U.S., British hackers face the music
Only two days after U.S. federal authorities sentenced a 21-year-old to five years in prison for hacking computers, the British government ruled that one of its citizens should be extradited to the United States for hacking into military networks.
On Wednesday the Bow Street magistrates court of London ruled that Gary McKinnon should be handed over to U.S. authorities for being "the biggest military hack of all time."
The 40-year-old McKinnon was arrested in 2002 for hacking into the computer networks of the U.S. Army, Air Force, the National Aeronautics and Space Administration, and the Department of Defense by Britain's National Hi-Tech Crime Unit, but the United States has since been pressing for his being tried in a U.S. court for his crimes. According to the U.S. government, McKinnon caused over $700,000 in damages as a result of his hacking, illegally accessing 97 government computers from his home computer in London.
If McKinnon is found guilty by U.S. jurors in Virginia, where he is expected to be tried on computer and fraud charges, he could face decades in prison in addition to paying up millions of dollars in fines.
For his part, McKinnon said he never meant to cause damage or disrupt security through his activities.
"My intention was never to disrupt security. ... I have to reiterate I didn't do the damage. I have admitted all the way down the unauthorised access and, yes, I do regret it," he told the London court before they made their final decision.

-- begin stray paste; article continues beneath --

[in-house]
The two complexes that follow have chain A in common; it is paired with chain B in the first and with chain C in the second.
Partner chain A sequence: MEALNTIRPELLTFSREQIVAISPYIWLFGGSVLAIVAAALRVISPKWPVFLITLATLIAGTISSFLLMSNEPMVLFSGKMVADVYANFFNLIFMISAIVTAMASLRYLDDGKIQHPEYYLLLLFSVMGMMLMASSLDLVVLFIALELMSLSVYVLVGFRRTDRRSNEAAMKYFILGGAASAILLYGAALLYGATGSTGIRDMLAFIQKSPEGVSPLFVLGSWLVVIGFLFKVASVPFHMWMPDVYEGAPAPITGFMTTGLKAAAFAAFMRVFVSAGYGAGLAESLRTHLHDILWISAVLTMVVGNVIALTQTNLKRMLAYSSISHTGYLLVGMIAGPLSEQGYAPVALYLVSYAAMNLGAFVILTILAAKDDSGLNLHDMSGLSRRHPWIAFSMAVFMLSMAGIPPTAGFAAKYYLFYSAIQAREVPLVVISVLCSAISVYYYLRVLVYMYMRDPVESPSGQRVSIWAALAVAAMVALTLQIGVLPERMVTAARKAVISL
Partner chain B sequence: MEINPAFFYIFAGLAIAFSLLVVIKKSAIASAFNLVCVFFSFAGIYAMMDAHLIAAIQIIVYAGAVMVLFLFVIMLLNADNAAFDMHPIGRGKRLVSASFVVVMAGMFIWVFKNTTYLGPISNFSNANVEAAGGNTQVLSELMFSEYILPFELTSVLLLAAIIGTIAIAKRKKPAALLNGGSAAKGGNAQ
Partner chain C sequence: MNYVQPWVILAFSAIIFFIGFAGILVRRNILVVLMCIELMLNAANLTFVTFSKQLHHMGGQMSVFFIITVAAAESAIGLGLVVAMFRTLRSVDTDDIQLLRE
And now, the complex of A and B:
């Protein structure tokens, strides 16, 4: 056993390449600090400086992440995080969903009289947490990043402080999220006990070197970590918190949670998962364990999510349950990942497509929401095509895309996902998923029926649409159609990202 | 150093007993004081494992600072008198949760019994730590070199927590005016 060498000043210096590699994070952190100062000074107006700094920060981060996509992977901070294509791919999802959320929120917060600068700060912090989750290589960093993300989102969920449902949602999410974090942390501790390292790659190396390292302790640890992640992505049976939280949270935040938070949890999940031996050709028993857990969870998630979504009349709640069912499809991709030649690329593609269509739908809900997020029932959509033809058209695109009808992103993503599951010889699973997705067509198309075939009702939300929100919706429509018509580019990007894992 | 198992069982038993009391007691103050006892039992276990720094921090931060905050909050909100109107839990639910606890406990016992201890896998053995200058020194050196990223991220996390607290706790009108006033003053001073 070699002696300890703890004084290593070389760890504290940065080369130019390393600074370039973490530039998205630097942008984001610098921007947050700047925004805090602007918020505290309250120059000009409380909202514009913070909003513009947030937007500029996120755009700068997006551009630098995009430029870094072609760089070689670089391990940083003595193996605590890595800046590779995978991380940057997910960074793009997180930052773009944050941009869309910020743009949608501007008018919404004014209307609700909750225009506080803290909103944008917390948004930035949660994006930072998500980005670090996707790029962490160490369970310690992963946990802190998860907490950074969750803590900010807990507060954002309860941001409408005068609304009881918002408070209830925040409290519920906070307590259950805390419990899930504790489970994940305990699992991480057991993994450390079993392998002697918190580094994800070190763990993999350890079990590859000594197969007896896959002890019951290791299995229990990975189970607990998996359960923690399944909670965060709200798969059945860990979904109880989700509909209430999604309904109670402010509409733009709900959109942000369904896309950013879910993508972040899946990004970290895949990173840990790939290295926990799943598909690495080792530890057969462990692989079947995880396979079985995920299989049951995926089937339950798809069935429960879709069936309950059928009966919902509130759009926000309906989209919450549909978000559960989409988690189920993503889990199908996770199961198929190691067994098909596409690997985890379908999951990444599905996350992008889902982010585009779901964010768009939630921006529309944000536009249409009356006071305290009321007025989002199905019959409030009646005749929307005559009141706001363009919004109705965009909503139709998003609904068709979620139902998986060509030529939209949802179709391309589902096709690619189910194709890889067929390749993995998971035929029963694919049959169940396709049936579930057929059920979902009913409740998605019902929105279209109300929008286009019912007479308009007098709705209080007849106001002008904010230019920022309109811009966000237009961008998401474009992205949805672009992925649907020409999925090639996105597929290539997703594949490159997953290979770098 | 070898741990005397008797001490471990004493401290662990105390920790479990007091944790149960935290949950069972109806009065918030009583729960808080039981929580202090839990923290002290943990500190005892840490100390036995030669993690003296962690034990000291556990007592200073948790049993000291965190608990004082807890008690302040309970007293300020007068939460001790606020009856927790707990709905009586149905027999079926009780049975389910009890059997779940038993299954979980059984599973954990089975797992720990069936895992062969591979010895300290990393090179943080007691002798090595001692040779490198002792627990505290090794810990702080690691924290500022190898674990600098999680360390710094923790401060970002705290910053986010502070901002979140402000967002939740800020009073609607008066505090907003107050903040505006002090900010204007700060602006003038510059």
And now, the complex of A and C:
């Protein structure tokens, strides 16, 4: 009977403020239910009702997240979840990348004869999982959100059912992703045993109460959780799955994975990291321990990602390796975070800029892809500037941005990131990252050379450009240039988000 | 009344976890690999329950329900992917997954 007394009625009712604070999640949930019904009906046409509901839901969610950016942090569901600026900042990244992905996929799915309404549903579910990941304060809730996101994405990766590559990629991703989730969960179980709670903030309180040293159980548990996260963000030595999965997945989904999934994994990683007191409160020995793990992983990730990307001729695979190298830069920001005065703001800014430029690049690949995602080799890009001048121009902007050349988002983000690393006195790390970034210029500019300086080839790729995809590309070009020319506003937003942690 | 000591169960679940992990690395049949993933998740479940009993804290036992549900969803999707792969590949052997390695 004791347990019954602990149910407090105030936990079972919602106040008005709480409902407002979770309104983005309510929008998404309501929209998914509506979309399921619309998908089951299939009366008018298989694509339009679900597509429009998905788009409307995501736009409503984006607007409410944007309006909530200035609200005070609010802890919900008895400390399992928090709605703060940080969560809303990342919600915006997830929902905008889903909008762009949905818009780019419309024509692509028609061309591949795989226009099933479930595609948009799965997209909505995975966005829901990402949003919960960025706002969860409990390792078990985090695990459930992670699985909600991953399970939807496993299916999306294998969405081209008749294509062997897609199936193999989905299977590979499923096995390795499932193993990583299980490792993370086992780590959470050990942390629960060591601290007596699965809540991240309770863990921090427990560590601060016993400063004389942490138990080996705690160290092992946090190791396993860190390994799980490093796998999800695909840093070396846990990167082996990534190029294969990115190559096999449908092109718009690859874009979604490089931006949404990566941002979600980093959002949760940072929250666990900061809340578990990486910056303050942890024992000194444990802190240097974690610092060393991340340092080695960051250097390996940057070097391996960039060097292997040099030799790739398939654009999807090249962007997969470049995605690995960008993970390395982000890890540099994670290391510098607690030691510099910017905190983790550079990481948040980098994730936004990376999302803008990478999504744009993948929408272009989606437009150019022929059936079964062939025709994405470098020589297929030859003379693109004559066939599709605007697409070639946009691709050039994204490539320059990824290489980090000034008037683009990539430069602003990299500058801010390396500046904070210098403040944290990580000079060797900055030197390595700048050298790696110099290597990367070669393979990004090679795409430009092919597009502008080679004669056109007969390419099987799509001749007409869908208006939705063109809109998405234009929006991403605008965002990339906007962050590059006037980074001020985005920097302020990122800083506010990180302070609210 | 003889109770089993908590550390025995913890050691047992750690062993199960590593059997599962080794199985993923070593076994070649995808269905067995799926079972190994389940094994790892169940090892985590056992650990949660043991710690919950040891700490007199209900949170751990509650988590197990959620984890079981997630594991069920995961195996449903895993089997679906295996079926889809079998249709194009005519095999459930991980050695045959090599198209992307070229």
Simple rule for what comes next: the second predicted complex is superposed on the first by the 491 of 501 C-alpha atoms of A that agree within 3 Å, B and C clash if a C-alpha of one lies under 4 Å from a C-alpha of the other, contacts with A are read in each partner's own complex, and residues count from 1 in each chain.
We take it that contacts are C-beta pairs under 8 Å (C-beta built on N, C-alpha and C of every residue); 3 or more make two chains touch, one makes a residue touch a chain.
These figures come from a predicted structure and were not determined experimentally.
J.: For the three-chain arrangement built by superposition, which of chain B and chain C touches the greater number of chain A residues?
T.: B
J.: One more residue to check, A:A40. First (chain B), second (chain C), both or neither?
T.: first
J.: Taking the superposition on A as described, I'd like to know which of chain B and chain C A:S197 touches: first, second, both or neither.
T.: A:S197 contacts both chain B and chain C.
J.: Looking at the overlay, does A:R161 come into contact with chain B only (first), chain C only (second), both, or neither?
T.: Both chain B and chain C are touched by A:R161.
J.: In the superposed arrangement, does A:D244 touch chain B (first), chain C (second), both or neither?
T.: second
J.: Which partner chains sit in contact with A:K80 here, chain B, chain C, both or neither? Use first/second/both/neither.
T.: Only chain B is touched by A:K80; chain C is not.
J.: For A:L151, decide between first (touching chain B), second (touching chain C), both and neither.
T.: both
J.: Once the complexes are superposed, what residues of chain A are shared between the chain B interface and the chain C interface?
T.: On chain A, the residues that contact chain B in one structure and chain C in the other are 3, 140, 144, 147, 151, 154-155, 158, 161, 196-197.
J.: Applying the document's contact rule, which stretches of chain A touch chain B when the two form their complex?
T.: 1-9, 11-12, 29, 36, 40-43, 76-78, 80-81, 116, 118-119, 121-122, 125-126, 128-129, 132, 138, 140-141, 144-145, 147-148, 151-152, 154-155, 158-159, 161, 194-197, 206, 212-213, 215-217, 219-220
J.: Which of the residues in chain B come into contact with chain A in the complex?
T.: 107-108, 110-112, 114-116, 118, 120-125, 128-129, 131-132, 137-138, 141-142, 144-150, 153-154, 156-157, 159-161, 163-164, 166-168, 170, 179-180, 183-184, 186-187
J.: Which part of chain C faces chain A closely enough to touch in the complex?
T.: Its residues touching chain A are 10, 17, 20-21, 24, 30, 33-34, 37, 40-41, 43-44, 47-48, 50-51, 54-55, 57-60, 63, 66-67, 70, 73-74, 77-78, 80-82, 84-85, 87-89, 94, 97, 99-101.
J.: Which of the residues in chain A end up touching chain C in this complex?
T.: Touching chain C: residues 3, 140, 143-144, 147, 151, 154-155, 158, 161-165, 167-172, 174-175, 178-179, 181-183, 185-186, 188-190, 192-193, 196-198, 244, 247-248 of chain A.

McKinnon's lawyers, meanwhile, said they will seek to appeal the ruling to the British Home Secretary John Reid, who must give his personal approval so that McKinnon can be handed over to U.S. custody. He will also likely appeal to the British High Court so that he will be able to remain and be tried in Britain.
Meanwhile on Monday, Jeanson James Ancheta was sentenced to 57 months in prison by U.S. District Judge Gary Klausner for selling access to software that can control computers to deliver spam and hack Web sites. In addition to selling access to botnet software that allowed users to send spam, Ancheta also directed infected computers to download adware, which made advertising appear on a screen and harm the computers but netted him $107,000 in commissions from the advertising companies.
In total, he hijacked about 400,000 computers between 2004 and 2005, including those at the Naval Air Facility at China Lake, Calif., and the Defense Information Systems Agency in Falls Church, Va.
Copyright 2006 by United Press International